Ray Waddle has been writing about belief and doubt, poetry and politics, spiritual connection and disconnection for three decades now. He is editor of Yale Divinity School’s award-winning Reflections journal, a publication that finds theological dimensions in current social issues. He is also a columnist on spiritual trends, author, husband, jazz acolyte, and fool for squash (the racquet sport, not the gourd). He teaches a writing seminar at Yale Divinity School during summer study term. He also leads retreats on poetry and theology.
His latest book, Undistorted God (Abingdon Press), draws on his religious observations and encounters over the years to sort out what’s permanent and poetic about Christian belief now. The book focuses on the renewing power of music and silence, bread and wine, earth and sky, the endurance of church, the image of God in everyone.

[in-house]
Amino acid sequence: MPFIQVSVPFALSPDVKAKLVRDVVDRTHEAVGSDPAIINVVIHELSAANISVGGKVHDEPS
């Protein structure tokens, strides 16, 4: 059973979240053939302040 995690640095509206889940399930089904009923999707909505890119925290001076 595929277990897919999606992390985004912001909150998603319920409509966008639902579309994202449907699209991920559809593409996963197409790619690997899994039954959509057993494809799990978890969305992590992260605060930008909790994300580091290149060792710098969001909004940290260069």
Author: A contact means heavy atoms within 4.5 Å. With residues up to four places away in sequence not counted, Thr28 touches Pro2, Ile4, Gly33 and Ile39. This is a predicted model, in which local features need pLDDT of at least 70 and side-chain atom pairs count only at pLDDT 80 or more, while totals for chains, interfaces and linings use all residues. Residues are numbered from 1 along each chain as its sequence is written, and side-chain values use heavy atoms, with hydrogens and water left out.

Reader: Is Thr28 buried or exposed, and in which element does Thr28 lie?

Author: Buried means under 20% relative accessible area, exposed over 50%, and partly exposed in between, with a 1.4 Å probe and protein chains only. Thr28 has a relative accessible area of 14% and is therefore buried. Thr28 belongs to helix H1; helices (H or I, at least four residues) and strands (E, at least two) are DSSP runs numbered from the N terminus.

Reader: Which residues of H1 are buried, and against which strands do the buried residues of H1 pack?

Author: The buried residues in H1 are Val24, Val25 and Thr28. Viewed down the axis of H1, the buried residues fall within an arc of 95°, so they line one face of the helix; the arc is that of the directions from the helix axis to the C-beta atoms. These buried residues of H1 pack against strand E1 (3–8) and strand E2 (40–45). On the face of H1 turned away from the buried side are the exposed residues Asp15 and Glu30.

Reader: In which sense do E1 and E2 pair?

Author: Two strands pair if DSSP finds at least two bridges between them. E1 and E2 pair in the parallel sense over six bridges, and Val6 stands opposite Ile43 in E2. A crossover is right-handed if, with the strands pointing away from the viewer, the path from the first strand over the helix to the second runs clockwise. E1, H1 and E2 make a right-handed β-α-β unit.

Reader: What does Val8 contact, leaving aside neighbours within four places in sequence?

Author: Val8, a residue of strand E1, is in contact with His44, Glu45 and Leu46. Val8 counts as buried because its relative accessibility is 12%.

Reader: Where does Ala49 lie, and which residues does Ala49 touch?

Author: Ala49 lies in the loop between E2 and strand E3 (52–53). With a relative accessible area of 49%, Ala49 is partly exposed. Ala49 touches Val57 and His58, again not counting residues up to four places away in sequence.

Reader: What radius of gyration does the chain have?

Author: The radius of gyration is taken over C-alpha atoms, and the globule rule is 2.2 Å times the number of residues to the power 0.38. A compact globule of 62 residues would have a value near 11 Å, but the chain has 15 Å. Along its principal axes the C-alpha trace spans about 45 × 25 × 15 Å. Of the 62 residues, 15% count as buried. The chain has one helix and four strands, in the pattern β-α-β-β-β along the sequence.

Ray has a journalism (B.A.) degree from the University of Oklahoma and a religious studies (M.A.) degree from Vanderbilt University.
In Nashville he worked 17 years as religion editor of The Tennessean, where he continues to write a regular column called “Testaments.” He has written for The New York Times, Huffington Post, Interpreter, Christian Century, Image Journal and other publications. His two other books are Against the Grain: Unconventional Wisdom from Ecclesiastes (2005) and A Turbulent Peace: The Psalms for Our Time (2003), both from Upper Room Books.